US authorities file charges against three scareware authors
The FBI has filed charges against three men accused of raking in some $100 million from Internet users misled into buying scareware in more than 60 countries. Such software scares visitors into thinking their computers are infected with viruses or malware. These unfounded warnings are displayed when victims visit particular websites and they are then urged to purchase dubious anti-spyware and antivirus products; but the software does not usually have any actual function, and on installation merely reports successful disinfection of the PC – regardless of whether or not it was actually infected.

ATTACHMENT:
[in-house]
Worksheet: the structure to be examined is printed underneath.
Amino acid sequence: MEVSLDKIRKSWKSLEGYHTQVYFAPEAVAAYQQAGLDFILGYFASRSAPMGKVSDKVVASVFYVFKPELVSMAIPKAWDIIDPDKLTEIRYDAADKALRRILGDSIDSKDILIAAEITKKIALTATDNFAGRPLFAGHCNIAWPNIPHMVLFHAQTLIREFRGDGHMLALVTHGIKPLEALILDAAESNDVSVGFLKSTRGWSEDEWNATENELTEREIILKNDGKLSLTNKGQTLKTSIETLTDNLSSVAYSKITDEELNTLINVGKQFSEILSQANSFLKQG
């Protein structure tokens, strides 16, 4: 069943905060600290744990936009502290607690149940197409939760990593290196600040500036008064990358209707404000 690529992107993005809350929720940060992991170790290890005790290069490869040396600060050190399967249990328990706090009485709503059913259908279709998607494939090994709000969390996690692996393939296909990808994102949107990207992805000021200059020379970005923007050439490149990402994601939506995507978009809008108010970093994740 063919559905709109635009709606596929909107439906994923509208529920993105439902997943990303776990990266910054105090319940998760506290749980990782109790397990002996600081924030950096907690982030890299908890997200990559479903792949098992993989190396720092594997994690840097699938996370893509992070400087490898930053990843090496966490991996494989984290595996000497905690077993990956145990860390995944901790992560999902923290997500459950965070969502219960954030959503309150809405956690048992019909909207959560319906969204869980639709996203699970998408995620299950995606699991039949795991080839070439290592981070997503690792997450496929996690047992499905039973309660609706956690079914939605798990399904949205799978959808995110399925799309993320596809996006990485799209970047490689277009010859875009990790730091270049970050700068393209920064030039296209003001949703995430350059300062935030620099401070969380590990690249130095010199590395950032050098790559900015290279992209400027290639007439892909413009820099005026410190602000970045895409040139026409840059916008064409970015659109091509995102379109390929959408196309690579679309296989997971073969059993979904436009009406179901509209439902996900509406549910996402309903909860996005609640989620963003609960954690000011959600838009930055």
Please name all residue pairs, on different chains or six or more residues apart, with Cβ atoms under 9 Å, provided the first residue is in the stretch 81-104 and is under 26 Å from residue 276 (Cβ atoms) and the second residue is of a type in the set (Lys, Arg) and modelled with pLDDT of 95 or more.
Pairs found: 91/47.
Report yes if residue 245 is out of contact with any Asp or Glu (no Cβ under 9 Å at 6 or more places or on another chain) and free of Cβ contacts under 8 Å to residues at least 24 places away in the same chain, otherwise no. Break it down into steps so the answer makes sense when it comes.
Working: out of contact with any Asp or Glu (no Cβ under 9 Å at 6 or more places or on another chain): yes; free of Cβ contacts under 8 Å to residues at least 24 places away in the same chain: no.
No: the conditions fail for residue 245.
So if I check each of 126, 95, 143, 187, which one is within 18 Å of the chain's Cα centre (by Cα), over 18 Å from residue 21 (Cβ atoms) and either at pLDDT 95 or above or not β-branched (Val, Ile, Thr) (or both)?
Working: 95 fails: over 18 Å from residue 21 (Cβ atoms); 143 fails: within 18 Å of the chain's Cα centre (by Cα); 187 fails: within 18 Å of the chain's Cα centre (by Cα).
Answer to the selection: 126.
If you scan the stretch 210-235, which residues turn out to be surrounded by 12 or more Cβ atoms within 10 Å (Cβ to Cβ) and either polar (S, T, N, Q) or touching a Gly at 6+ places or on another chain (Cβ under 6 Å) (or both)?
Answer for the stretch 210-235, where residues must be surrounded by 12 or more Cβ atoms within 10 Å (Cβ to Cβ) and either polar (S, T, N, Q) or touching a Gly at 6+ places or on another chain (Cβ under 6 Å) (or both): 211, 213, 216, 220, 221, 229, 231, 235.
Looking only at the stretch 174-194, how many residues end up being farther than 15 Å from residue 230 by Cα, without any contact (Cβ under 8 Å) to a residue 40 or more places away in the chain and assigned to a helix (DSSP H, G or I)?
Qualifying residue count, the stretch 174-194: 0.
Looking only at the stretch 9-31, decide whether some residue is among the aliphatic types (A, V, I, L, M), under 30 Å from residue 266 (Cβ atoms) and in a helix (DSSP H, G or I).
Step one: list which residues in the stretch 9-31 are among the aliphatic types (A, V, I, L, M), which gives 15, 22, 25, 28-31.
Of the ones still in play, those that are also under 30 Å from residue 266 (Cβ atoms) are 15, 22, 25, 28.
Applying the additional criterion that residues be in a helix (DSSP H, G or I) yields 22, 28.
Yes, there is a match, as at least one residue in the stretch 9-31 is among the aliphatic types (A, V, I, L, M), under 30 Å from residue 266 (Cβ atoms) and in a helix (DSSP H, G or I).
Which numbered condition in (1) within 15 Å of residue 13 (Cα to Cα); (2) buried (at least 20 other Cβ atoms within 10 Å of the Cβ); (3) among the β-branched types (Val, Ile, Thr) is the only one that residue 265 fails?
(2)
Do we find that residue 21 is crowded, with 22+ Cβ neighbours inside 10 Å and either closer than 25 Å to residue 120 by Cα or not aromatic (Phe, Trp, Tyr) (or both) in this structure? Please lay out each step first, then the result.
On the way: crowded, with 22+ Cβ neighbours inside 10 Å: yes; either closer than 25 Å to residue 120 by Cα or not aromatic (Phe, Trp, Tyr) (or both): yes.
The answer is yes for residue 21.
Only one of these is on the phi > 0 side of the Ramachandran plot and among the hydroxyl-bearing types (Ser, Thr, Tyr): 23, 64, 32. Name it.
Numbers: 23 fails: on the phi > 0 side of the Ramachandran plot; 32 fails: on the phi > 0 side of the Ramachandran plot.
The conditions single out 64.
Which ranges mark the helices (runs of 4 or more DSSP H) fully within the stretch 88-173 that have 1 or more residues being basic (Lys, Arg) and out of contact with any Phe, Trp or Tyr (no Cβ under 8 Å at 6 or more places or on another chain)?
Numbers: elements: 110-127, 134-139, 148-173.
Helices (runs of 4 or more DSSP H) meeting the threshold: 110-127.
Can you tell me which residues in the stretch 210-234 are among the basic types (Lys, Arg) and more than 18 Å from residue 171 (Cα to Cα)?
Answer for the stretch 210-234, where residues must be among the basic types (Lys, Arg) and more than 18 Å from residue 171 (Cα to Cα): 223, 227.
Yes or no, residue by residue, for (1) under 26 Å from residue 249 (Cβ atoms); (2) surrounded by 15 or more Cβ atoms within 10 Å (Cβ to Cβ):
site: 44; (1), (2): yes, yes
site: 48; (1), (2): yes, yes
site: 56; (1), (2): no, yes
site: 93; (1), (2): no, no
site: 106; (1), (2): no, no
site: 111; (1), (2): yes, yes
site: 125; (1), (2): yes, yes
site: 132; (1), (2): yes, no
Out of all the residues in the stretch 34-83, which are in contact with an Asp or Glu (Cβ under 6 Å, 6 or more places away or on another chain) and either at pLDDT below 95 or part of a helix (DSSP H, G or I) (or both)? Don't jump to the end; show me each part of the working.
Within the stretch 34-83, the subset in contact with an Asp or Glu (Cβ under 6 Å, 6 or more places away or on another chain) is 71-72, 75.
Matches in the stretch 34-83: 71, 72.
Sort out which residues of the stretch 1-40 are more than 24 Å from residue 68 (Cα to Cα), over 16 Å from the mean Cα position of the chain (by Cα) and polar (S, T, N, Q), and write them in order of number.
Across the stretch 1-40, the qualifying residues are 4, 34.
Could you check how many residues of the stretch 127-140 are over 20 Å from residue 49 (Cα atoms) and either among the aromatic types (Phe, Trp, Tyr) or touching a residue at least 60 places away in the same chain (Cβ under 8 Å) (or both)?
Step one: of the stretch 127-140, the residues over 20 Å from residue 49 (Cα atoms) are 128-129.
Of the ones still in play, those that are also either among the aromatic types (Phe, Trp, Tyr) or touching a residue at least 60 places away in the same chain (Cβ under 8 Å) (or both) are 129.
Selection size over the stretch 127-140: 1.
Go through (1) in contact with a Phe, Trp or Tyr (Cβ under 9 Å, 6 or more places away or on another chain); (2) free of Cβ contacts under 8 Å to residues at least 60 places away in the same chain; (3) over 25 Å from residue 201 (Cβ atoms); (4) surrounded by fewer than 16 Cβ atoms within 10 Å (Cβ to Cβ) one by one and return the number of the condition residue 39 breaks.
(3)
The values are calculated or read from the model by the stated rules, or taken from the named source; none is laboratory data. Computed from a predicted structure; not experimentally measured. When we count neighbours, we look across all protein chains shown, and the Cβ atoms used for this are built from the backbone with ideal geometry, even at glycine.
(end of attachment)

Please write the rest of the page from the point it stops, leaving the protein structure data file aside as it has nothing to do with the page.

Such fraud was essentially outlawed at the end of 2008, when the Federal Trade Commission (FTC) got a US court to prevent two manufacturers of scareware from continuing to sell their products. The three men now facing charges did business from the US and the Ukraine via such companies as "Byte Hosting Internet Services" and "Innovative Marketing"; the applications had such names as "Malware Alarm", "Antivirus 2008" and "VirusRemover 2008".
In its written statement on the charges, the FBI says that scareware is one of the fastest-growing types of fraud on the internet. Google also recently drew attention to the issue when it found that some 15 percent of all malware is now scareware and that this percentage is still rising. Information on recognising scareware, protecting yourself from it and removing it can be found in the article "Thieves and charlatans" on The H.